This is another comic in a series related to the 2020 pandemic of the coronavirus SARS-CoV-2, which causes COVID-19.
As more and more people are getting [[:Category:COVID-19 vaccine|vaccinated against the Covid-19 virus, and as the CDC released guidelines suggesting vaccinated people can start gathering in larger groups, including some groups of unvaccinated people, there is increasing excitement about the possibility to resume get-togethers, and have a party. However, being very cautious, Randall is detailing the plans for his first "post-pandemic" party by cutting it down from the scope of a normal party. Some of the cut-downs may make sense from a health safety standpoint, others are less likely to be health-based and may be just to deliberately make the party boring, thus limiting attendance, with the effect of it being safer for the few who do come.
Instead of soda and various alcoholic beverages, he's opting for small glasses of water. Alcoholic beverages could encourage a lowering of inhibitions, help some participants to make bad social decisions, to the detriment of hygiene and reasonable social distancing. Soda would have less of that problem, though some might argue the sugar or caffeine might have some similar effect. Drinking alcohol immediately after vaccination may "accelerate" allergic reaction according to an article on WebMD 
Instead of traditional party foods like pizza, nachos, and snacks, only three individual pieces of candy (M&Ms) and one cracker will be provided. Pizza could be a health issue as people reach into a common pizza box to grab their slice, and likewise snacks if they are in communal bowls. Another possible motive for such meager offerings is the concern that people may have gained weight due to more sedentary lifestyles while staying home a lot more during the pandemic, so he didn't want them eating a lot of fattening snacks and drinks at his party.
Instead of music and karaoke singing and watching sports, the only music allowed will be ambient music, such that it would be hardly noticeable, and the only entertainment being displayed will be Bob Ross, who was famous for his very calm, low-key, painting lessons. (Painting could be followed by watching paint dry, one of the few activities even more boring than this party.) Music, singing, and reacting to exciting sports games can cause a lot more movement and airborne particles with the potential of spreading the virus.
Board games, video games, ping pong, and good conversation are already relatively low-key activities, but not low-key enough. The only two games allowed will be 3-card pickup (trimmed down from 52-card pickup, which would typically use a full deck of 52 cards), and a single video game, the ancient "Pong" game. Also, while conversation will be allowed, it will not be "good conversation", presumably preferring the conversation to be boring or uninteresting, or even repulsing. It might also be that Randall anticipates the pandemic will have worsened peoples' ability to converse normally, and so is saying that people won't be held to any 'standards' regarding the quality of their conversation.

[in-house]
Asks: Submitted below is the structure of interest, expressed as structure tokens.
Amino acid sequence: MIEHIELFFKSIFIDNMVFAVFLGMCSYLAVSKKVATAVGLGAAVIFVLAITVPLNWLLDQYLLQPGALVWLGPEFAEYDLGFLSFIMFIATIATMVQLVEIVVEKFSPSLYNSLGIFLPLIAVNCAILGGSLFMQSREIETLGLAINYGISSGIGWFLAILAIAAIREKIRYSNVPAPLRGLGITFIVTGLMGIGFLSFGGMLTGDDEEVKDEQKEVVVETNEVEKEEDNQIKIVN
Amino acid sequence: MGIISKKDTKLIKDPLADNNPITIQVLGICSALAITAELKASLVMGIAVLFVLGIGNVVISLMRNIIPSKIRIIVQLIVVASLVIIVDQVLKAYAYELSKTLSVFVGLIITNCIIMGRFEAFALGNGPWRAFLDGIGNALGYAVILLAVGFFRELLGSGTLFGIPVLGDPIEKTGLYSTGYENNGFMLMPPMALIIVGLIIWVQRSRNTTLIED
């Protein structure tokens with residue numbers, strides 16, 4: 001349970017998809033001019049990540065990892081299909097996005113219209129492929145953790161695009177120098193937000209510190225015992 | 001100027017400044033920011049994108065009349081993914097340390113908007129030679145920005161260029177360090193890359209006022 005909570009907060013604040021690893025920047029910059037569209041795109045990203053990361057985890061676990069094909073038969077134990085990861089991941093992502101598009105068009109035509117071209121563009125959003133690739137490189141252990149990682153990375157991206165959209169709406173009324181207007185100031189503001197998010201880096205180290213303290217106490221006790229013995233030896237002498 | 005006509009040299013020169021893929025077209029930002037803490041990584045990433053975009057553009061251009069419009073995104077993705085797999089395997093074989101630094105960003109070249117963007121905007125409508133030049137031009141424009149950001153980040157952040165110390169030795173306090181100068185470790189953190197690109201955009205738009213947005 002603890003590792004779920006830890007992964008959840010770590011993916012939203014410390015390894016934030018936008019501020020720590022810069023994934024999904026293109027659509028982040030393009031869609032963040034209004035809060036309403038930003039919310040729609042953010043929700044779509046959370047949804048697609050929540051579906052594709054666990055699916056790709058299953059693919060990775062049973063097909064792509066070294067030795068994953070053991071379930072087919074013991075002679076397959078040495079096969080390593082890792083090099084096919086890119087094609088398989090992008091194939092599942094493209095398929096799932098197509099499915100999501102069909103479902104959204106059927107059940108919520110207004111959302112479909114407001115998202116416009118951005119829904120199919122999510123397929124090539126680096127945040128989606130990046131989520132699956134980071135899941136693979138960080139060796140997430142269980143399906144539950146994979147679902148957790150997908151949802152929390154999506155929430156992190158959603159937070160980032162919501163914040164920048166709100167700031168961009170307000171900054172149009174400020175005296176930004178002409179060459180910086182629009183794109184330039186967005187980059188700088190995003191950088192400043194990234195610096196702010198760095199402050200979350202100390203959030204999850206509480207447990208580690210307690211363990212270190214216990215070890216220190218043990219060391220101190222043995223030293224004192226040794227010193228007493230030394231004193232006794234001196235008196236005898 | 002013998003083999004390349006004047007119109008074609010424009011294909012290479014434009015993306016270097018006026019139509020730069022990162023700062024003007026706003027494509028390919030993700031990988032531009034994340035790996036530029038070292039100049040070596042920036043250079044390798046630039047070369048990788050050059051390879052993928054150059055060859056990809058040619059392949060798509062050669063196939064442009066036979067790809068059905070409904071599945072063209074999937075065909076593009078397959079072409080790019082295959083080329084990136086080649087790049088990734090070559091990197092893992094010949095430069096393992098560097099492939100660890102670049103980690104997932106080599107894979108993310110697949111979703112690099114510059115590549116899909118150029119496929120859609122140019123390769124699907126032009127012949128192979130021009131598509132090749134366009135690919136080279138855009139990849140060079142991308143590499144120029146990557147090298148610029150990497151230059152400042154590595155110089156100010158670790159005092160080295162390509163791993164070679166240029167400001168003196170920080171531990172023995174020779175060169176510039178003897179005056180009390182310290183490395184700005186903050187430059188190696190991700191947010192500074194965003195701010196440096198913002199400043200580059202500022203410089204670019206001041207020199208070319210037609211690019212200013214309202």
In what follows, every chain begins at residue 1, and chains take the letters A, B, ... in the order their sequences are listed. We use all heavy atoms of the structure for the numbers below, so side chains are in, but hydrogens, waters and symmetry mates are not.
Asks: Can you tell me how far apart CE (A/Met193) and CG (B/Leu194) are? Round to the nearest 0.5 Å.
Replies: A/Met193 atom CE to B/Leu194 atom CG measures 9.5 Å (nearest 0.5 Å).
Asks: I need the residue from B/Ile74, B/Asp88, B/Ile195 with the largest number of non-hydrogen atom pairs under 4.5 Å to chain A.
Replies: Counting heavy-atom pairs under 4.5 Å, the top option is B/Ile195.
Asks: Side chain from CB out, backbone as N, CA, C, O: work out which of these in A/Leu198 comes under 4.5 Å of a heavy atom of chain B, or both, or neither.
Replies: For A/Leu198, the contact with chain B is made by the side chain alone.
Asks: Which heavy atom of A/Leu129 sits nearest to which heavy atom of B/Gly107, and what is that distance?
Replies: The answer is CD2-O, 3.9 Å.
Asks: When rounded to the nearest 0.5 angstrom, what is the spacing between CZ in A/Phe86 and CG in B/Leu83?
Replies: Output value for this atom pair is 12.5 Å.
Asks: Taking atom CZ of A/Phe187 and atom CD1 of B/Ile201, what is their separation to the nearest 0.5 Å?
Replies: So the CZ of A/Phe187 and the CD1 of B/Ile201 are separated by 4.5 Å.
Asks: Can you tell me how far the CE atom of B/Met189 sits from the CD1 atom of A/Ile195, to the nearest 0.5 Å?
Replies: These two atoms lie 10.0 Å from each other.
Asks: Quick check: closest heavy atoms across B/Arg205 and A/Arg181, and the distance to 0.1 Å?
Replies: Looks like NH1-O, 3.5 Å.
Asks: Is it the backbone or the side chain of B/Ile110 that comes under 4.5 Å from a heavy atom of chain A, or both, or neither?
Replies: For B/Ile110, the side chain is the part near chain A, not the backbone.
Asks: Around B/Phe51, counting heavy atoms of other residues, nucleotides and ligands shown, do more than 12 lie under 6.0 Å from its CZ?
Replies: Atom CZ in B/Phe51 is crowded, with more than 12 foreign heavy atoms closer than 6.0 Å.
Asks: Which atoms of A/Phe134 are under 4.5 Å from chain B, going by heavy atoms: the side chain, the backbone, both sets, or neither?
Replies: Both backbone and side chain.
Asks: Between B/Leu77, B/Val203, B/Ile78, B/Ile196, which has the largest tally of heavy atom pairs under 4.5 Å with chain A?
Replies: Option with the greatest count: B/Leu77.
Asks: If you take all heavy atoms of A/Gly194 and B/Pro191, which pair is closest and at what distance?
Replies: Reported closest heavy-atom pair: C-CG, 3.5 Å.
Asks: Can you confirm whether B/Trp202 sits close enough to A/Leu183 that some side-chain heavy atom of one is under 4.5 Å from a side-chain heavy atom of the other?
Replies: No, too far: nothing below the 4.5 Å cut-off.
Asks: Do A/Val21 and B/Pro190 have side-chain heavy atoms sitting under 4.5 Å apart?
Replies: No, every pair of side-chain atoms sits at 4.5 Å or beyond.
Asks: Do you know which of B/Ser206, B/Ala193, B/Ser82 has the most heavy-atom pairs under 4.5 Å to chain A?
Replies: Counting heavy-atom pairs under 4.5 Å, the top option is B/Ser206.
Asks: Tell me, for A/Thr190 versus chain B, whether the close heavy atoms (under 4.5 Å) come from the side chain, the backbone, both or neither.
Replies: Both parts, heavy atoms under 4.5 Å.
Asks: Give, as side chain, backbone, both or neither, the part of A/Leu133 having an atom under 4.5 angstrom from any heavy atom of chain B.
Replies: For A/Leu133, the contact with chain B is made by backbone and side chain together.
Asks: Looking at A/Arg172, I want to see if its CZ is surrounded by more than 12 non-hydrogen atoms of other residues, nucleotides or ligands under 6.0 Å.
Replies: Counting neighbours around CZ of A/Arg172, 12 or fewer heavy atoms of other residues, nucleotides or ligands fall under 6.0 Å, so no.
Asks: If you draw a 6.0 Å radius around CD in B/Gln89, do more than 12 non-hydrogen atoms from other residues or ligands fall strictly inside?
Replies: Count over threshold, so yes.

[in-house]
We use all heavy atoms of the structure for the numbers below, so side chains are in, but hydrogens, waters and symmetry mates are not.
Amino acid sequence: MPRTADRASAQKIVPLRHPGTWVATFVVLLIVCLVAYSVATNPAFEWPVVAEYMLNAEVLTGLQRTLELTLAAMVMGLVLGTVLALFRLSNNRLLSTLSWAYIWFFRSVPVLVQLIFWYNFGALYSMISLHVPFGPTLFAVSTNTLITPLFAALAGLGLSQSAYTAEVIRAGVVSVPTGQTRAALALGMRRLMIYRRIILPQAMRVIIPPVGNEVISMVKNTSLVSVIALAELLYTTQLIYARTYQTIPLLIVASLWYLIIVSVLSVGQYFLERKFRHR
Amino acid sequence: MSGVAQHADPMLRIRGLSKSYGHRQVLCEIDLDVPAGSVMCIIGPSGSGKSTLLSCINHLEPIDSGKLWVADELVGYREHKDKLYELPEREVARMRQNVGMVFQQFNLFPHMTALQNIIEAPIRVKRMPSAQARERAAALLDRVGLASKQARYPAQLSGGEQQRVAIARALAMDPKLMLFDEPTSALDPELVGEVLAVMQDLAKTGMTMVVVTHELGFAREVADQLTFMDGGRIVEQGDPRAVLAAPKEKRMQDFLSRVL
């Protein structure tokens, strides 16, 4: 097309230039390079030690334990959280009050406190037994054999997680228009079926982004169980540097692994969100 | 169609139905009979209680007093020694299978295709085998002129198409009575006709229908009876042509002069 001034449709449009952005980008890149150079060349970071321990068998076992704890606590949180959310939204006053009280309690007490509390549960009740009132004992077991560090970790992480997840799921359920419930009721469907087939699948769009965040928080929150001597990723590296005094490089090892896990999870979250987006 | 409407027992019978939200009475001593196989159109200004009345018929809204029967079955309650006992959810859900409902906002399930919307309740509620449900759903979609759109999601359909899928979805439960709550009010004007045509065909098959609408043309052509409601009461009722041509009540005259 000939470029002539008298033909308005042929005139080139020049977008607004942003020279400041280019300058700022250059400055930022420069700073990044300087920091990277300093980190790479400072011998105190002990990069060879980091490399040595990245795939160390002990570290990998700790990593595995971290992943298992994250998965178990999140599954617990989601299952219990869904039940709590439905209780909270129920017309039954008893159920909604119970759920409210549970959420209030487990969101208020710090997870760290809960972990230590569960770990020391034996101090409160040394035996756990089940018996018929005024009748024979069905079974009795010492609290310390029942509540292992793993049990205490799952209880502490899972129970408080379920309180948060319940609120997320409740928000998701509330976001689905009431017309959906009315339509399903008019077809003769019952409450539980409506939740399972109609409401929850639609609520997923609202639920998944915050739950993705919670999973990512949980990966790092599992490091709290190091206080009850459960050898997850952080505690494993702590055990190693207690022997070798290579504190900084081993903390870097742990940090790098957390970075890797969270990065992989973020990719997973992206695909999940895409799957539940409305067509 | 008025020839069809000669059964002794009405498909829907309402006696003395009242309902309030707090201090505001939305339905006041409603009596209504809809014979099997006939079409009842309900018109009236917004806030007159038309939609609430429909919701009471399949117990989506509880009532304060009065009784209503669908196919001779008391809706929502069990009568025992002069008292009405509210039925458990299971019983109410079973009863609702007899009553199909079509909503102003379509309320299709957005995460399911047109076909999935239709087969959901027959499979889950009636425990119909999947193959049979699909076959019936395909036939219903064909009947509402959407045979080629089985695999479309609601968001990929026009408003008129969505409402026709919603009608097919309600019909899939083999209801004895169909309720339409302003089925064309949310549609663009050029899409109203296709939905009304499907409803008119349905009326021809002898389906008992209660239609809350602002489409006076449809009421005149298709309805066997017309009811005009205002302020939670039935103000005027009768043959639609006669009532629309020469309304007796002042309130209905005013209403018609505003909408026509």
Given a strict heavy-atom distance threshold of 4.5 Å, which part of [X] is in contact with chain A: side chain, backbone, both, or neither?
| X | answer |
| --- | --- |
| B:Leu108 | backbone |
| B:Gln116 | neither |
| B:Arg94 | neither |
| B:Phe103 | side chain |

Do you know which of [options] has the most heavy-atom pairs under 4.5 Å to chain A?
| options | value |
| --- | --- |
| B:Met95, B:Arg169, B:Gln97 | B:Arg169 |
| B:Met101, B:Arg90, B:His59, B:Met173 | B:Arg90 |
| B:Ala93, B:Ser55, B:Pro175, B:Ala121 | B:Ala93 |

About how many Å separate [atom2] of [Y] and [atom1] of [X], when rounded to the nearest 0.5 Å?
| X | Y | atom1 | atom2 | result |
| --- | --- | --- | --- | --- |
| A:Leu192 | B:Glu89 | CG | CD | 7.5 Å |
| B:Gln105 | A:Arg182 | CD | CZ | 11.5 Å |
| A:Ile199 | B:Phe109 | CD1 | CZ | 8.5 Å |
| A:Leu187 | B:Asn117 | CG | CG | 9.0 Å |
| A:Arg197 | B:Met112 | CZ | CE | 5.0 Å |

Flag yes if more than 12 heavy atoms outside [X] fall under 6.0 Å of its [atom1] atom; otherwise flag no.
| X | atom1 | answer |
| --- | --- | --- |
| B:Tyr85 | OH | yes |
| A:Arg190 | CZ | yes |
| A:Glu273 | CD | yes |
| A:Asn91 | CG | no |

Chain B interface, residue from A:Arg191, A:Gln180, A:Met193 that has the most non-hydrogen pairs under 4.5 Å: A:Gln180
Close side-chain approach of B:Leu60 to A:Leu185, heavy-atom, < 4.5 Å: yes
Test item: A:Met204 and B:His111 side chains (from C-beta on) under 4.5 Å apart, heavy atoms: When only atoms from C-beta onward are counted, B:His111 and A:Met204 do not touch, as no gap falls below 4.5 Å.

The title text mentions that in the end, despite Randall's efforts, even the incredibly mild disruption of an M&M falling into a cup of water caused the party-goers to panic and flee, much as Cueball and Ponytail panicked at a meeting in spite of their precautions due to their highly-strung natures in 2330: Acceptable Risk.
- [The comic consists of four underlined headings, two by two grid, with three times four and one time three lines of text beneath each. Almost all of the original lines of text has been crossed out with red, sometimes only partial. And five new items have been added in red, plus some brackets and one arrow. Even one of the red texts have been crossed out]
- Wine Small cups
Beer of ice water Cocktails
- Food Three M&Ms
Pizza and a saltine
Nachos per person Various snacks
- Music (Ambient)
- Big screen TV
- Bob Ross
Board games 52 3-card pickup
- [3 is above 52]
- Video Games
- [A red arrow points from Video Games to Pong]
- [Caption below the panel:]
- We're planning our first post-vaccine party, but we want to start slow.
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I'm pretty sure the joke of the comic is about the excitement of the party, as people aren't used to exciting things such as good conversation anymore. If this is a post-vaccine party, there shouldn't be any worry about covid safety. 220.127.116.11 16:41, 18 April 2021 (UTC)
Okay, I started it. Join in and make it better! -boB (talk) 17:26, 15 March 2021 (UTC)
- I thought that the party food and beverages were reduced to small cups of ice water and m&m as we gained weight over months of staying home. It looks like the list was made earlier in the pandemic when this was not a problem (yet). And now the list has changed since al lot of people gained weight. But pizzas and snack can contribute to the spread of the virus. For the rest I understand it like you N0lqu. mkljun 18:56, 15 March 2021 (UTC)
- Thanks, I added that! -boB (talk) 18:19, 15 March 2021 (UTC)